This elegant sculpture depicts the moment when Buddha Shakyamuni achieves enlightenment. Having withstood the celestial king Mara’s temptations, the Buddha sits under the Bodhi tree in meditation as Mara’s armies make a final attempt at upstaging him. In his deep introspective state, Buddha touches the ground with a single finger and calls upon the earth to witness his enlightenment and ward off Mara’s armies.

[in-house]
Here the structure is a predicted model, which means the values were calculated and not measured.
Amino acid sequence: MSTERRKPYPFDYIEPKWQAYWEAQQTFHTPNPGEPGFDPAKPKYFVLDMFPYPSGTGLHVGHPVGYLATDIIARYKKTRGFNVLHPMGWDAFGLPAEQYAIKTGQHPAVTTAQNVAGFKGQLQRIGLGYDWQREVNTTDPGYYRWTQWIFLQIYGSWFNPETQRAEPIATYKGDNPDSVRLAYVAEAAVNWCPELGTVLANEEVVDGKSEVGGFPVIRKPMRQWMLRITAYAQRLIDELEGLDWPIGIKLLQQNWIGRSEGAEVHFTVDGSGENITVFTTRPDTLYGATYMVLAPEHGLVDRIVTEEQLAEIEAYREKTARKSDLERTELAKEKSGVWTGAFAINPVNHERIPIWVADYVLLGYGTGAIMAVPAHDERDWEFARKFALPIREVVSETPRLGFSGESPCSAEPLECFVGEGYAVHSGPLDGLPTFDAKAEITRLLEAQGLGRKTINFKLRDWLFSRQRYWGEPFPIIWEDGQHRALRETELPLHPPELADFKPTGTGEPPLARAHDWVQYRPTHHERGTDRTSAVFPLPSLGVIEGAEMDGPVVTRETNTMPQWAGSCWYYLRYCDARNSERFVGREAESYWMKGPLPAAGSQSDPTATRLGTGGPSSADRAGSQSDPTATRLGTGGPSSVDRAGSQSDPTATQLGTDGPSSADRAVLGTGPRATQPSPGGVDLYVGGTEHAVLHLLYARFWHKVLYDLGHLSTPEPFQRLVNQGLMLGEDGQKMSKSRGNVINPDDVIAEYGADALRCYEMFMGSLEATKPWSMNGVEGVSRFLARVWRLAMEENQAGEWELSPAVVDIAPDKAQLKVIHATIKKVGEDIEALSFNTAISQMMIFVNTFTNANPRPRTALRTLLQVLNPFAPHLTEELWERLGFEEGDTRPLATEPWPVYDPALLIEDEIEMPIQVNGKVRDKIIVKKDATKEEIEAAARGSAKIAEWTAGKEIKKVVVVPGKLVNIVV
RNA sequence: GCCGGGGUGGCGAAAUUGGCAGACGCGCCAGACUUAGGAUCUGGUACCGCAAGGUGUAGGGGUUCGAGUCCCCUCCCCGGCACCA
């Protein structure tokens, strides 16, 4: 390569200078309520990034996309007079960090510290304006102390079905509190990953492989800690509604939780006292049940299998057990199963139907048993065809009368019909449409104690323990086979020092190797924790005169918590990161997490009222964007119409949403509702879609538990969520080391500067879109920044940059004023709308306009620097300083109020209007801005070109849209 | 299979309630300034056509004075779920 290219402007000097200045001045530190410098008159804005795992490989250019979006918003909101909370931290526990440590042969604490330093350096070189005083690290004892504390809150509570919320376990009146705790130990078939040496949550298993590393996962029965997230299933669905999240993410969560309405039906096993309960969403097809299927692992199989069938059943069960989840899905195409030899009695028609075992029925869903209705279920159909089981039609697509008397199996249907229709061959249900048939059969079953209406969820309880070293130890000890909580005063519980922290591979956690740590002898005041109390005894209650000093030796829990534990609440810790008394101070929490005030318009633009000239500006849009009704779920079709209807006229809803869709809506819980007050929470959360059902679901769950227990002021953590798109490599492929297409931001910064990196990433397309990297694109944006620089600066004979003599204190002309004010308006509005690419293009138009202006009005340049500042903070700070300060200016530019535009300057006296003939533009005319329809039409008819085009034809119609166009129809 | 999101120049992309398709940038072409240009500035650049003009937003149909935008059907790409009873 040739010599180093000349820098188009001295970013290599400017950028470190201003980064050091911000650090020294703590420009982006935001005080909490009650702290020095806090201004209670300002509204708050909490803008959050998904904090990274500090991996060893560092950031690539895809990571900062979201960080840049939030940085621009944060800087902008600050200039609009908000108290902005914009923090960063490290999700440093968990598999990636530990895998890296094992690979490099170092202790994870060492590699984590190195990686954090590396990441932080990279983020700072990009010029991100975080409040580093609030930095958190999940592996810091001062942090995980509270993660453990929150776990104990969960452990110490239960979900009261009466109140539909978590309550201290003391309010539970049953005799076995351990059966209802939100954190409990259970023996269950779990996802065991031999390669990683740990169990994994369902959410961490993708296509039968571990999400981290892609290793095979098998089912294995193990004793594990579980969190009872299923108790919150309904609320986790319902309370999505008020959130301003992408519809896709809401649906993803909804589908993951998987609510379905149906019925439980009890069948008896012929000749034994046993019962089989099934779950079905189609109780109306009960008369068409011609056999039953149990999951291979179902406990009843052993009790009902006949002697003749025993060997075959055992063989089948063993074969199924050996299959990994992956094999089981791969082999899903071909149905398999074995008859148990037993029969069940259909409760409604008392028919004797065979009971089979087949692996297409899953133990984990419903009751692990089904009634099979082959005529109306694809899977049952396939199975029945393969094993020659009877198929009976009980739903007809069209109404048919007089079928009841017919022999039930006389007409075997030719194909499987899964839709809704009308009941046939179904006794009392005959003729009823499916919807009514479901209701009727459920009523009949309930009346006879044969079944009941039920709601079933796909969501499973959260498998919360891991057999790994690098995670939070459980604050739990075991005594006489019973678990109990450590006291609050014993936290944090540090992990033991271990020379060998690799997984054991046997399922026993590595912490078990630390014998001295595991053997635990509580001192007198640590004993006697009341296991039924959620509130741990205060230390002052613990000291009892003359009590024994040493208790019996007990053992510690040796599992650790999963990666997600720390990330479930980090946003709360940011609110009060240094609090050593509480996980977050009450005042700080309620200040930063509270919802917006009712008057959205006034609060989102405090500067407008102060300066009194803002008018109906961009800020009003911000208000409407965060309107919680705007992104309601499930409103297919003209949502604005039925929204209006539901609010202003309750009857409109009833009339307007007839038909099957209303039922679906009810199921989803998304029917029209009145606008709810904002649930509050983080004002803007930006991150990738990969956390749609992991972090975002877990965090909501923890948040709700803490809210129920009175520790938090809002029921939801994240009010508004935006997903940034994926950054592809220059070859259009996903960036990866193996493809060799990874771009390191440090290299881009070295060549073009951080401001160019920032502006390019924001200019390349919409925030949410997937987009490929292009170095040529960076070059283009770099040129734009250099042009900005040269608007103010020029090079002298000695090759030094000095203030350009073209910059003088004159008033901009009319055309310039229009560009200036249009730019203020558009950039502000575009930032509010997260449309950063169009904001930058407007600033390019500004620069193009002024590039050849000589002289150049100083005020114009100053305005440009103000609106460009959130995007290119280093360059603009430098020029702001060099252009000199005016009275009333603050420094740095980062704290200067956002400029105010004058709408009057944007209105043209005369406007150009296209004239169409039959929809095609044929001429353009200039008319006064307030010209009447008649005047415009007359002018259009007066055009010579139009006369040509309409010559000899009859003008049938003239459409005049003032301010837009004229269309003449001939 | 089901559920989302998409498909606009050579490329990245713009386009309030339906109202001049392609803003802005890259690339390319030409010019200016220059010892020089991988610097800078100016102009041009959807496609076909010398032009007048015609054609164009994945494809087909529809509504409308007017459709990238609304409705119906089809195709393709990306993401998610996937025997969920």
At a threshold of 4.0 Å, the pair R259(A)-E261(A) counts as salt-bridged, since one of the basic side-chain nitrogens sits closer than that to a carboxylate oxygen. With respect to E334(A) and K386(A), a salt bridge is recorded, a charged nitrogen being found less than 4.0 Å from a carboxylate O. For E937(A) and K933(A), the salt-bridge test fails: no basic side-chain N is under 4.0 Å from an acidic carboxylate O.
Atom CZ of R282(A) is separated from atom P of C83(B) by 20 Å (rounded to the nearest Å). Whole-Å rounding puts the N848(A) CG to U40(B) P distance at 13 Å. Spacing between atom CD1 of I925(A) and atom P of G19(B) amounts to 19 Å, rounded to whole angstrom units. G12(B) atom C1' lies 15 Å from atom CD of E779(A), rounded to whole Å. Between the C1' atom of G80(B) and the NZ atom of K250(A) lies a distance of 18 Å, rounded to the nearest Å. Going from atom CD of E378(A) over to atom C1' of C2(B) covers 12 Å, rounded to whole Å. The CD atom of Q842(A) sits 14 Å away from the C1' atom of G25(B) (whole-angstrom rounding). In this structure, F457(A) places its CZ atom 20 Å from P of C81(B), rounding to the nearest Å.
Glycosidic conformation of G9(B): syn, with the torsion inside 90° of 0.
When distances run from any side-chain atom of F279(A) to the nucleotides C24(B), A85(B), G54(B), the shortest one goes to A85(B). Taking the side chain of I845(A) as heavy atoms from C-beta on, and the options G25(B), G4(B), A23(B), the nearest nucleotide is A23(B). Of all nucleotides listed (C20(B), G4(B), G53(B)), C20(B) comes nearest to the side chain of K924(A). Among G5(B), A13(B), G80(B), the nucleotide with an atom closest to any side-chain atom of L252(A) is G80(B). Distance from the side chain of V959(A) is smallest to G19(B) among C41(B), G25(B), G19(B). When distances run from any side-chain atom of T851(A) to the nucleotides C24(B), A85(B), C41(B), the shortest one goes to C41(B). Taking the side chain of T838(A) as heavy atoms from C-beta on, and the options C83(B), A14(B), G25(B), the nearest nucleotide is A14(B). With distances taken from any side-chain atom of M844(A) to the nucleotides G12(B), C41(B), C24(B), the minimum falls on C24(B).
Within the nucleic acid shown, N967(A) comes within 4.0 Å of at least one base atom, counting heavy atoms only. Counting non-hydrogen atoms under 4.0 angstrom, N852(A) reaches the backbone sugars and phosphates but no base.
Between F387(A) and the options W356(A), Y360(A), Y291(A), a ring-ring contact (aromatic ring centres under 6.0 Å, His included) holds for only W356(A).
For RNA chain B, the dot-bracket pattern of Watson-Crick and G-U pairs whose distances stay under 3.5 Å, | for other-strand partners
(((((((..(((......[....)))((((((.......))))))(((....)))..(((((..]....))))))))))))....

Seated in dhyanasana on a double-lotus base, with his hands in bhumisparshamudra, the richly-gilt figure wears a diaphanous robe with a pearled hemline and finely detailed, coral-inlaid crown, a feature most common to the Malla period of Nepal. His square face with downturned, almond-shaped eyes flanking a silver-inlaid urna, a hooked nose, and bow-shaped lips recalls earlier Pala period prototypes. The figure may be compared to a 14th century crowned Buddha sold at Christie’s New York, 13 September 2016, lot 217; both works displaying the robust physique, particularly in the chest, shoulders and upper arms, that is characteristic of early Malla sculpture. Compare, also, the treatment of the flared ties of the crown in both works, which fall to the shoulders behind the pendulous, pierced earlobes.